Since He is personally involved He has the authority to forgive sin, and He does this with great generosity.

When He forgives He is bringing back to life. He is offering His love to the sinner and this love has the effect of restoring the sinner to union with Himself, which we call sanctifying grace, or life in the soul. Like a branch attached to the tree, we are alive again.

It is like a resurrection of the body, but better still.

He forgives ‘in potential’ every sin. But for the forgiveness to take effect the sinner has to ask for mercy. Not everyone is willing to do that, for all sorts of reasons.

But when they do ask they will receive and they are brought back to life or to a much healthier state.

In the meantime, until they ask for mercy, Our Lord will continue to offer it. He waits for that interior light to switch on, moving first to shame for sin and then to the joy of being forgiven.

This is probably the result of someone else’s prayers. Like a mother for instance. We pray for each other’s children, for all the children of the world that they will understand the dimensions of sin; how ugly and damaging it is; how glorious it is to be forgiven.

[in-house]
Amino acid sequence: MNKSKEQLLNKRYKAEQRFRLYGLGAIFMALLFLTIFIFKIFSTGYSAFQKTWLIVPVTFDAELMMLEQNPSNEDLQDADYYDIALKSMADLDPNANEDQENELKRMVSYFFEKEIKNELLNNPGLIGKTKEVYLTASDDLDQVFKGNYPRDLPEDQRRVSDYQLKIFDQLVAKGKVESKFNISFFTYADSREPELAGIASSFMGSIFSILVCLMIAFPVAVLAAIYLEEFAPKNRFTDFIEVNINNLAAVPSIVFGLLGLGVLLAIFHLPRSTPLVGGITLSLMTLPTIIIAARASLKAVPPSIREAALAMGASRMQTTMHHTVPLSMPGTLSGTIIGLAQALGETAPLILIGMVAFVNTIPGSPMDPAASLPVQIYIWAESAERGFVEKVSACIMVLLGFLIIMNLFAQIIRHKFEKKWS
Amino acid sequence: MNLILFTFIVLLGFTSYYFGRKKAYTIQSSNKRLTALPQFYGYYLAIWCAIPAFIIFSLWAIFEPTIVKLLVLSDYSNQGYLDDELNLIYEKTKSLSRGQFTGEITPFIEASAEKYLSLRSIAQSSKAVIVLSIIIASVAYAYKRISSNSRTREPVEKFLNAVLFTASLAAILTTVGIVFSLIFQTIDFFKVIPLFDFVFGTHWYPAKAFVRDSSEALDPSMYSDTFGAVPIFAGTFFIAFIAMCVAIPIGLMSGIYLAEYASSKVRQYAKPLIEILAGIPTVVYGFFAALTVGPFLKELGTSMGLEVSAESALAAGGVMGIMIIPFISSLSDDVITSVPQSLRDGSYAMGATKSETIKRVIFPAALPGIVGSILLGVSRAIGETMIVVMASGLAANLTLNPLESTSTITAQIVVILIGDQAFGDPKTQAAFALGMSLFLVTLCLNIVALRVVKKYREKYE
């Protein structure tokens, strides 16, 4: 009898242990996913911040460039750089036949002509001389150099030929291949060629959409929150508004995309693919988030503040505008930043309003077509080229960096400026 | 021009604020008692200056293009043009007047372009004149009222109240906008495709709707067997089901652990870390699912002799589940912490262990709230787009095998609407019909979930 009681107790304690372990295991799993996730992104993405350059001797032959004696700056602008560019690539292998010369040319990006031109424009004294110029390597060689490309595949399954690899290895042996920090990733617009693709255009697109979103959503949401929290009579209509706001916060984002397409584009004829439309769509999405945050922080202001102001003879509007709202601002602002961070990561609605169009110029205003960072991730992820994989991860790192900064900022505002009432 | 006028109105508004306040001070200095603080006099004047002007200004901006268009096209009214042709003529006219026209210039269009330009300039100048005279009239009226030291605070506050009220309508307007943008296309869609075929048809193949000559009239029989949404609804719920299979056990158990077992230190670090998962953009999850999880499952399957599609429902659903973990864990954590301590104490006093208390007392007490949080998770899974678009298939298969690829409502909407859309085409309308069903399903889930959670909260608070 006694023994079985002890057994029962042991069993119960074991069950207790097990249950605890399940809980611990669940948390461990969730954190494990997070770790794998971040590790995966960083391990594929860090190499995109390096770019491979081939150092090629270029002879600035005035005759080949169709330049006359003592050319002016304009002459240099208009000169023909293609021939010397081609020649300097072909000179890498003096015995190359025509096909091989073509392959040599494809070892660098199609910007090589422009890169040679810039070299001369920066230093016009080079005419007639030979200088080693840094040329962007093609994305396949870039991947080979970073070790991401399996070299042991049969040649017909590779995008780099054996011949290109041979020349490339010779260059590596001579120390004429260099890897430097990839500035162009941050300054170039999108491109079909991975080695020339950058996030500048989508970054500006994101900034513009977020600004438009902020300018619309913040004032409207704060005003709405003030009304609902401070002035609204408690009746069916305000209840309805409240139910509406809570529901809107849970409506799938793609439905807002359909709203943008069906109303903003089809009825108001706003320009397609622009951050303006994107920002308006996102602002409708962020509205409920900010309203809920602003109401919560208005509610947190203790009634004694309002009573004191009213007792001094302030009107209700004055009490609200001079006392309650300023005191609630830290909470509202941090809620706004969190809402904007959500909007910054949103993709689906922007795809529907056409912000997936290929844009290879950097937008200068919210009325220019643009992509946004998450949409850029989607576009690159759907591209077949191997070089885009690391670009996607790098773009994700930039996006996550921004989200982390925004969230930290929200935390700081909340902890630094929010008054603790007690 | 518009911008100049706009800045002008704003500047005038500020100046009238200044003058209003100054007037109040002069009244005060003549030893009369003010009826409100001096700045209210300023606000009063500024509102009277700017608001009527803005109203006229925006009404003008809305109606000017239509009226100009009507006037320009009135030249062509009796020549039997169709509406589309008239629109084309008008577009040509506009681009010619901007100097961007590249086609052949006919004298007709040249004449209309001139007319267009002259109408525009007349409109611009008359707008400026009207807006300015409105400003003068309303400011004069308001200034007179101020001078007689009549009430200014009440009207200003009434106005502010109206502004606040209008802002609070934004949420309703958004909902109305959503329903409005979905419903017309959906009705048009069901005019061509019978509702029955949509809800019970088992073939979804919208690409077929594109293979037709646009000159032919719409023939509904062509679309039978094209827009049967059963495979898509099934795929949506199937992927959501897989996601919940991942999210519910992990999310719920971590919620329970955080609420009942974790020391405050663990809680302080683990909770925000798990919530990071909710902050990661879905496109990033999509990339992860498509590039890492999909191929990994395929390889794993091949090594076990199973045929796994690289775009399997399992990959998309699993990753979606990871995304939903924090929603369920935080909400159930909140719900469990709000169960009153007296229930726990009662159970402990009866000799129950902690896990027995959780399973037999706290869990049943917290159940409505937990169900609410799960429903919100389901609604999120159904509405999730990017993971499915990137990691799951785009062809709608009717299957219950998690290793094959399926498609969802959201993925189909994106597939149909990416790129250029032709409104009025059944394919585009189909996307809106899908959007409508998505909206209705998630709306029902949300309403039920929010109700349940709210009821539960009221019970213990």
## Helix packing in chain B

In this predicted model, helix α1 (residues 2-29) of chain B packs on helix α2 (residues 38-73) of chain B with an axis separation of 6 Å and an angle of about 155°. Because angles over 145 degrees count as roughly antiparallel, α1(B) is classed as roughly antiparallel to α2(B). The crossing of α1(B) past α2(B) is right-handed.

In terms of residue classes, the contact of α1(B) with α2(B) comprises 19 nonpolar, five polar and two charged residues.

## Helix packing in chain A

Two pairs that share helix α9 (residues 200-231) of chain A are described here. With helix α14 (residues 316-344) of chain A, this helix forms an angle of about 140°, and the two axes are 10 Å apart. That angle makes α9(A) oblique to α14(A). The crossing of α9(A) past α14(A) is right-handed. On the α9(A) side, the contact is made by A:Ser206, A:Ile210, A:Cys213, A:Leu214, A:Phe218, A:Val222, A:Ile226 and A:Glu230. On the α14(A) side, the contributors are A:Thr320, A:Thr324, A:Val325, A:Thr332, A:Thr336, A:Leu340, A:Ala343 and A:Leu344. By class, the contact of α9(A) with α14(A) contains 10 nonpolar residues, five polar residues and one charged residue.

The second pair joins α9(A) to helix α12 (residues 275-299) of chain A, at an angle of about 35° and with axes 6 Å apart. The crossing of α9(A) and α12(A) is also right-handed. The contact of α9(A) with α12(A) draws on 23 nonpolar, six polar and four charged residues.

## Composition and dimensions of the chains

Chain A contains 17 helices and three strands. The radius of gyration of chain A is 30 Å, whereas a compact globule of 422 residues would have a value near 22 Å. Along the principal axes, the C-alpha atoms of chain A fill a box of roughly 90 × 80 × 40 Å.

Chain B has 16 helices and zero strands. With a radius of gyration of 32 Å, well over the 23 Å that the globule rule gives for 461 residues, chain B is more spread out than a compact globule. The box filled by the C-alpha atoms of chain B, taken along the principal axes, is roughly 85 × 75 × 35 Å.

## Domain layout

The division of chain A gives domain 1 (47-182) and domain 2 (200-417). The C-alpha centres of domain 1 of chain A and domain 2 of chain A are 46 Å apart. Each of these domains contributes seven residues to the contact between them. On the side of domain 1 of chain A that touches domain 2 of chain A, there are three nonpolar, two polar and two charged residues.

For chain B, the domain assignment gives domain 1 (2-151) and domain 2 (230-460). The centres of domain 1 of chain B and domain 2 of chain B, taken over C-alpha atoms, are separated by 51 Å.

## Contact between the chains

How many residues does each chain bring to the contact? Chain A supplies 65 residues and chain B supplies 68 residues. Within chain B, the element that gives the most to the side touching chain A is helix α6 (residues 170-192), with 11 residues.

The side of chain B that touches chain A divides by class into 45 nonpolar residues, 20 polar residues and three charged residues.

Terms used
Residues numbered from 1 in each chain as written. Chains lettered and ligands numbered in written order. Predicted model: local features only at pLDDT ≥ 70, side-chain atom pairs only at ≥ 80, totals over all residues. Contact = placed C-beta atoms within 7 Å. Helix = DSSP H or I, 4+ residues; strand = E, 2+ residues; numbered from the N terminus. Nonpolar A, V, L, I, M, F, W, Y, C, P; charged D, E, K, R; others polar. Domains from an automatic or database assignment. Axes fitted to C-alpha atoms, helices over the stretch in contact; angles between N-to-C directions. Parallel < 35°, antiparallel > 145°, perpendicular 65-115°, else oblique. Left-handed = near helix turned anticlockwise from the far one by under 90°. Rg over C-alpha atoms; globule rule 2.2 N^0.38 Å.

We are the man on the stretcher insofar as we all need forgiveness. We are the friends bringing the man insofar as we pray for each other.

The Lord loves us enough to forgive us; now we have to love Him enough to receive that forgiveness, and be changed internally so that we do not want to sin again.

We are His property; we have been bought and paid for. Everything is His. All the better for us.

Wednesday, 12 October 2011

17th Sunday after Pentecost 9 Oct 2011 Sermon

17th Sunday after Pentecost 9.10.11 God loved us first

We are told to love God and then to love Neighbour. These are both difficult commands in different ways.

Loving God is easy insofar as God is loveable, being perfect in every way. But difficult in that God is invisible, intangible, infinitely superior to us. He can seem remote from us, and it is hard to love someone remote.

Loving Neighbour is the reverse problem. He is visible enough, but not so perfect! With regard to neighbours it is their imperfections that make them hard to love. We are not drawn to people who annoy us in any way.

So both these commands are challenging. Yet they are made a lot easier when we realize that God has loved us first.

In telling us to love Him and others He is really just saying: receive My love, and reflect it back to Me and to others.

So we go back one stage and now the task is to receive the love of God. This is a lot easier, but even this can be tricky.

To receive the love of God we just have to recognize His goodness at work in the world, and in our lives. To realize that every good thing we have is from Him and by His gracious will.

We are inclined to resent God when things go wrong, but we really should be thanking Him that there are any ‘things’ in the first place.